Surprising new research scheduled to be unveiled at a major cancer meeting next month suggests that cashews and other tree nuts might be as effective as some of oncology’s most effective treatments at keeping colon cancer from recurring after surgery — and even keeping patients from dying.
The researchers did not find an association with eating peanuts. Only tree nuts seemed to matter, to an eye-popping degree. Of 826 patients, those who reported having two or more servings per week (as 19 percent did) had a 46 percent lower risk of their cancer returning and a 53 percent lower risk of dying than those who said they did not eat tree nuts.
If the benefit is real, a daily handful or two of cashews (cost: less than $1) could work as well as standard chemotherapy (cost: thousands of dollars). But the reported benefit comes with a big “if.”
Although the study is from a respected clinical trial, this finding was not from the original research but, instead, an add-on. The original trial randomly assigned colon cancer patients to either of two drug treatments. Later, researchers looked at cancer survivors who simply went about their lives, doing as they pleased, and tried to evaluate whether eating nuts was associated with better outcomes.
In that kind of observational study, it’s not possible to say whether a given behavior — in this case, eating nuts — caused an outcome, or was instead simply associated with the true cause.
In a story that ran in STAT News, Manish Shah, M.D., warned about healthy patient bias - in other words, people who eat tree nuts, such as pecans, almonds, and walnuts, might be different from people who do not. They “might be more health-conscious,” said Shah. They might be wealthier, or better connected to the health care system, or have healthier habits in general. Any of those attributes might help patients survive colon cancer.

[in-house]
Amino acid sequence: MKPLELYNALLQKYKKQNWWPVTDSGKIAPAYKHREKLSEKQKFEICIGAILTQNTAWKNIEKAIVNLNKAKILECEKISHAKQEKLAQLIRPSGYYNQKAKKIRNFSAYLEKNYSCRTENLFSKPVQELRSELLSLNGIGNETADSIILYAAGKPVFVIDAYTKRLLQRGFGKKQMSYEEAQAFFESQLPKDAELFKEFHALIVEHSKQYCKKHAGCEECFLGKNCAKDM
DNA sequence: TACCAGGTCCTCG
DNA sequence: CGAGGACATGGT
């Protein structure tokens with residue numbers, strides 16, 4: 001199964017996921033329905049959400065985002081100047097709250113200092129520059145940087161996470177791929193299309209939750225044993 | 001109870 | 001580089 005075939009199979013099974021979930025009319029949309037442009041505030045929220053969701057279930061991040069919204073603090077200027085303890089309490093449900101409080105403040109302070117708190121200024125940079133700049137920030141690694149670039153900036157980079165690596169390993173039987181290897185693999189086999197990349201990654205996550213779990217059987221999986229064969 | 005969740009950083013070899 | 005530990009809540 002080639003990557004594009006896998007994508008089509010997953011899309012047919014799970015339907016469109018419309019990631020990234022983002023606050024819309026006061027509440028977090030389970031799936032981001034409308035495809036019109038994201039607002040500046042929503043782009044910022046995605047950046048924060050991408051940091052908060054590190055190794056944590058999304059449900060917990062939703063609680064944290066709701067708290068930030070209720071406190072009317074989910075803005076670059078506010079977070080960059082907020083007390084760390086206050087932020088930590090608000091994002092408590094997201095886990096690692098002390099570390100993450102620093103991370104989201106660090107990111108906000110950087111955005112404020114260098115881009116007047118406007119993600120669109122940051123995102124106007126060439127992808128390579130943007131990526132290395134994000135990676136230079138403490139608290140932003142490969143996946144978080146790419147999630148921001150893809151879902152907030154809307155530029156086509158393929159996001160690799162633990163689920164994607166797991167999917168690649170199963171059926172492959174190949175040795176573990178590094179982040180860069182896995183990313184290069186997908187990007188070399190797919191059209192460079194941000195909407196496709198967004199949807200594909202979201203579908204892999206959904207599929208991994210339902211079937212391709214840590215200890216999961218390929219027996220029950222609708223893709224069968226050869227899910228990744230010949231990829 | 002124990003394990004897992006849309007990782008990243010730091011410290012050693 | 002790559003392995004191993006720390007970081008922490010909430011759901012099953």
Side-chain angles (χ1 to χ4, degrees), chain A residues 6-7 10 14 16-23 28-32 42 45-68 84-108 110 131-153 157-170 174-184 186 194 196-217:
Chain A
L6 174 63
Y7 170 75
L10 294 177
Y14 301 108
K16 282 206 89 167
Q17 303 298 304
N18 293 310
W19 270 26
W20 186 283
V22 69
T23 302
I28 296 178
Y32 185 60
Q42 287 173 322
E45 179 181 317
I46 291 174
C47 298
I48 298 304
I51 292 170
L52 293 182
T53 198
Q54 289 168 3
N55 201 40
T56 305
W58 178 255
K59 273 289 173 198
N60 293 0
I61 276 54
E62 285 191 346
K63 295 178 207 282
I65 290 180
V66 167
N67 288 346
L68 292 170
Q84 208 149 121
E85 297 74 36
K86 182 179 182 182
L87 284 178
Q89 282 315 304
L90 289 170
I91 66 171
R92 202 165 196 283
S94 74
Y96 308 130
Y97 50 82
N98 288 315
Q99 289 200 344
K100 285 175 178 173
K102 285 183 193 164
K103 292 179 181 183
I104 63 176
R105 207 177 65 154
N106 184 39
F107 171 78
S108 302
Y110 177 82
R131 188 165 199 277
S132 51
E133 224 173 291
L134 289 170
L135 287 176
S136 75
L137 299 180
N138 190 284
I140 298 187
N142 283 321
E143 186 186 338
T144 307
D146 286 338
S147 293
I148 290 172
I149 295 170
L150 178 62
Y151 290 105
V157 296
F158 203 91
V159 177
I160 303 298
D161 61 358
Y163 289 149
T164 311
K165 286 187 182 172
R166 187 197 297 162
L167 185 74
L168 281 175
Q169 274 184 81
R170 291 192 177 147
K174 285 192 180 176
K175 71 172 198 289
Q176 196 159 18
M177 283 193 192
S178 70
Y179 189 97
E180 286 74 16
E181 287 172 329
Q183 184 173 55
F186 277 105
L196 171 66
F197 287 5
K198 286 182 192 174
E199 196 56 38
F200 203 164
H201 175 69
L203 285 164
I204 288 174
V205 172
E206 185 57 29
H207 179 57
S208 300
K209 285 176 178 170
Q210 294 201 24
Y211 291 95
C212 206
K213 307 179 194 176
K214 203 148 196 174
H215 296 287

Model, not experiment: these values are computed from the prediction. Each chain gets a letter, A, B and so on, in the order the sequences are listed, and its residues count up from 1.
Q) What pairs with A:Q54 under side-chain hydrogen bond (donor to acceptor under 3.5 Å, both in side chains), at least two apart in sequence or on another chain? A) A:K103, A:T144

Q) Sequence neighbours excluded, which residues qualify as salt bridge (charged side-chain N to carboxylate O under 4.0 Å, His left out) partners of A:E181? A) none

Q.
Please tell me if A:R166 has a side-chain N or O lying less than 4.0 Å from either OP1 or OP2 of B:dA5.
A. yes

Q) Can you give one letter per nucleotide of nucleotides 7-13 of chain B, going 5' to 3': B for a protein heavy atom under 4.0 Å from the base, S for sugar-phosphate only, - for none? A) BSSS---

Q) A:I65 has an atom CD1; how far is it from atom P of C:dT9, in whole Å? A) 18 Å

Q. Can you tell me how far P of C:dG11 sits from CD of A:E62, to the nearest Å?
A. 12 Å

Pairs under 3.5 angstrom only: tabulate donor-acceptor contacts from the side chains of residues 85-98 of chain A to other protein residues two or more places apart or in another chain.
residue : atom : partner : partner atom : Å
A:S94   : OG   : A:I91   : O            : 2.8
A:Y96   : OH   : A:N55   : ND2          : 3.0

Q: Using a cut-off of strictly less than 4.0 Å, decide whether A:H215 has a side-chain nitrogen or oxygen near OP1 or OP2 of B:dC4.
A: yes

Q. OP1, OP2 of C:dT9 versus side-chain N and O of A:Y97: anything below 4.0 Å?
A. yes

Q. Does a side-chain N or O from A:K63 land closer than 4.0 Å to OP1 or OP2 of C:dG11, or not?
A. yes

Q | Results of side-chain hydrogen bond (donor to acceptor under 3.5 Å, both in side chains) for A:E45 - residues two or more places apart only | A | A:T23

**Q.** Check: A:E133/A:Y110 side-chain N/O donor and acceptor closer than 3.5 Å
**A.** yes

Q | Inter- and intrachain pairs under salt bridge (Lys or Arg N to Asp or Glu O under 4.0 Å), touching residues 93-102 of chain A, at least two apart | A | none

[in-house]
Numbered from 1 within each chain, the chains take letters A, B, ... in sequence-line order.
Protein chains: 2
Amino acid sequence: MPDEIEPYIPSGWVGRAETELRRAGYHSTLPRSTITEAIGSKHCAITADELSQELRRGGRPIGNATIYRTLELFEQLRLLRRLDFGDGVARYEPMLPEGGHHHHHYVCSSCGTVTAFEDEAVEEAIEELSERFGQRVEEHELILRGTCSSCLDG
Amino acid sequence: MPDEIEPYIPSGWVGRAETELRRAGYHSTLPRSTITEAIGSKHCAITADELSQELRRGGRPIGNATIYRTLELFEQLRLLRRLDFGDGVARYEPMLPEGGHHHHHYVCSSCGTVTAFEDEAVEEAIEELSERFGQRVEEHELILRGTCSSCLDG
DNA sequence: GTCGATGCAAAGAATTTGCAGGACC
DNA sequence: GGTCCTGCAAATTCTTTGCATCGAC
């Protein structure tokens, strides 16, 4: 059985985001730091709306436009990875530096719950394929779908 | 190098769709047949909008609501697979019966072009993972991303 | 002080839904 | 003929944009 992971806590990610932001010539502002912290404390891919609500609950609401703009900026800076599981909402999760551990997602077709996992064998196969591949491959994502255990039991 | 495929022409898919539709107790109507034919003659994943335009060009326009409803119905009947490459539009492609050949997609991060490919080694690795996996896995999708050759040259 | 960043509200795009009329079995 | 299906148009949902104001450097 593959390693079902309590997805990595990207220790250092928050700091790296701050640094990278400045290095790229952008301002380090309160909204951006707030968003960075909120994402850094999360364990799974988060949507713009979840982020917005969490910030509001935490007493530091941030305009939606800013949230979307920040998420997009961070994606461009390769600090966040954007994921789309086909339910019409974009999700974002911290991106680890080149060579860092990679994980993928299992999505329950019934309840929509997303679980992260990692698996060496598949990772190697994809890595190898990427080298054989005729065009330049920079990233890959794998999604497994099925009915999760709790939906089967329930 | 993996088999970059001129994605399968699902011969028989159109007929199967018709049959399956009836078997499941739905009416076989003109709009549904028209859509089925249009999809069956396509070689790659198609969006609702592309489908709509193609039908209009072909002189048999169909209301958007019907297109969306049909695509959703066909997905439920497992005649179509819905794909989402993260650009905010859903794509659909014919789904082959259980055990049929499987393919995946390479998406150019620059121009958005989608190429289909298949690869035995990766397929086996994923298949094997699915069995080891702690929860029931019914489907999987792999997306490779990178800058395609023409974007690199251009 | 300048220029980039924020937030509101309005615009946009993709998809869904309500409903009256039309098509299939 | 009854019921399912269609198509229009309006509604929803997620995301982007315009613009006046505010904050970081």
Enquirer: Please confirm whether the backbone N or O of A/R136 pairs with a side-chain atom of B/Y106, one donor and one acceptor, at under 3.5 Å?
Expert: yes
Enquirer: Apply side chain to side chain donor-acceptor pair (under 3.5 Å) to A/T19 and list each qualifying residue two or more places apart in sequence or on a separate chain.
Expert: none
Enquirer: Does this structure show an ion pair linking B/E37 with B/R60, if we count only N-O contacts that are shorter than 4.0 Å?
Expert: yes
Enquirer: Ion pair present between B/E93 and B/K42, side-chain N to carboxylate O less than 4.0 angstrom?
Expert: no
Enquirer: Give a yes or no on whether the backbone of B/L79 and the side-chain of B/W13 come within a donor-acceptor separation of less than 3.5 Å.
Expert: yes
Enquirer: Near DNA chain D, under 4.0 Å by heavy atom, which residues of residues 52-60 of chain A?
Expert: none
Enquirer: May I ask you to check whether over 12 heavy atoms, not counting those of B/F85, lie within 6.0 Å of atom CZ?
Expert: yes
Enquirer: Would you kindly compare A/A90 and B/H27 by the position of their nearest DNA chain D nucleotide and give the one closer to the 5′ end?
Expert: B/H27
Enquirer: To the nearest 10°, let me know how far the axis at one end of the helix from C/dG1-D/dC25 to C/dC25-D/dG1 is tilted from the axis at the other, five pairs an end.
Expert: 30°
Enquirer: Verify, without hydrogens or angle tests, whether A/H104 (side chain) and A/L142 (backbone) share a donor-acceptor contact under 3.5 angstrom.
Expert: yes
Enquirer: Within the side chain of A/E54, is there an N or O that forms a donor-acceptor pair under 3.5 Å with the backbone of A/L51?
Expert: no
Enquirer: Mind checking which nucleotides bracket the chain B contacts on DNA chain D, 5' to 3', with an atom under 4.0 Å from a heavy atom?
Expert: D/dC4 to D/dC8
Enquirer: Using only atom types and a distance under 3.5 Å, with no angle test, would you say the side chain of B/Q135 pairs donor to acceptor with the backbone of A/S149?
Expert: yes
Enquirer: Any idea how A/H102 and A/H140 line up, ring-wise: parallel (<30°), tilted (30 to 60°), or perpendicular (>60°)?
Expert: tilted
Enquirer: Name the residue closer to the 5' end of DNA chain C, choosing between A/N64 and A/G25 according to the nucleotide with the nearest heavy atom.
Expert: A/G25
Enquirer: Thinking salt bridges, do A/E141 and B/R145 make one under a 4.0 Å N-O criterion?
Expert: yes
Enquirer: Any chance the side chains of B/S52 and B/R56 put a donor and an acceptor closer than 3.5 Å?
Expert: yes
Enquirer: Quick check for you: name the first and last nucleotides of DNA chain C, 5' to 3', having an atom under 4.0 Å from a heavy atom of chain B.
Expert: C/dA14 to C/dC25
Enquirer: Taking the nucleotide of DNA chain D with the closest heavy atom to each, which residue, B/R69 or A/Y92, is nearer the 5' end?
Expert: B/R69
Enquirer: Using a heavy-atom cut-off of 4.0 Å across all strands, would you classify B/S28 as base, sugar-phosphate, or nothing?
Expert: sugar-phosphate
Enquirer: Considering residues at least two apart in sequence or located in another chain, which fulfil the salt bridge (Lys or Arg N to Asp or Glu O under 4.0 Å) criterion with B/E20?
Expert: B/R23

“The fear I have is that patients will say, ‘I’ll eat nuts instead of having chemo’” after surgery.
He also appeared in a television interview with NY1 News.
Heather Yeo, M.D., offered this perspective to HemOnc Today:
"This is an interesting study because of the level of detail the researchers were able to get on nut consumption. As with all observational studies, one must be careful about conclusions drawn. The data can only demonstrate a correlation, not causation, and it is difficult to know exactly what the strength of the effect is, as there are many unmeasurable influencing factors.
Those who consume more nuts may be more likely to be vegetarian and may use nuts as an alternative source of protein compared with red meat, which we know is a risk factor for colon cancer. Because higher nut consumption is linked to lower rates of diabetes, the effect we are seeing may be because of that.
It’s important to counsel patients on the importance of a healthy lifestyle, and it is nice to see that things we think of as healthy are associated with improved survival in these patients with colorectal cancer. However, there is no clear causation yet, and further studies need to be done. These healthy behaviors are not a substitute for good clinical treatment options, such as chemotherapy."
Dr. Yeo also commented on another study about the effects of exercise and healthy diet on colon cancer survival. Read the full story here.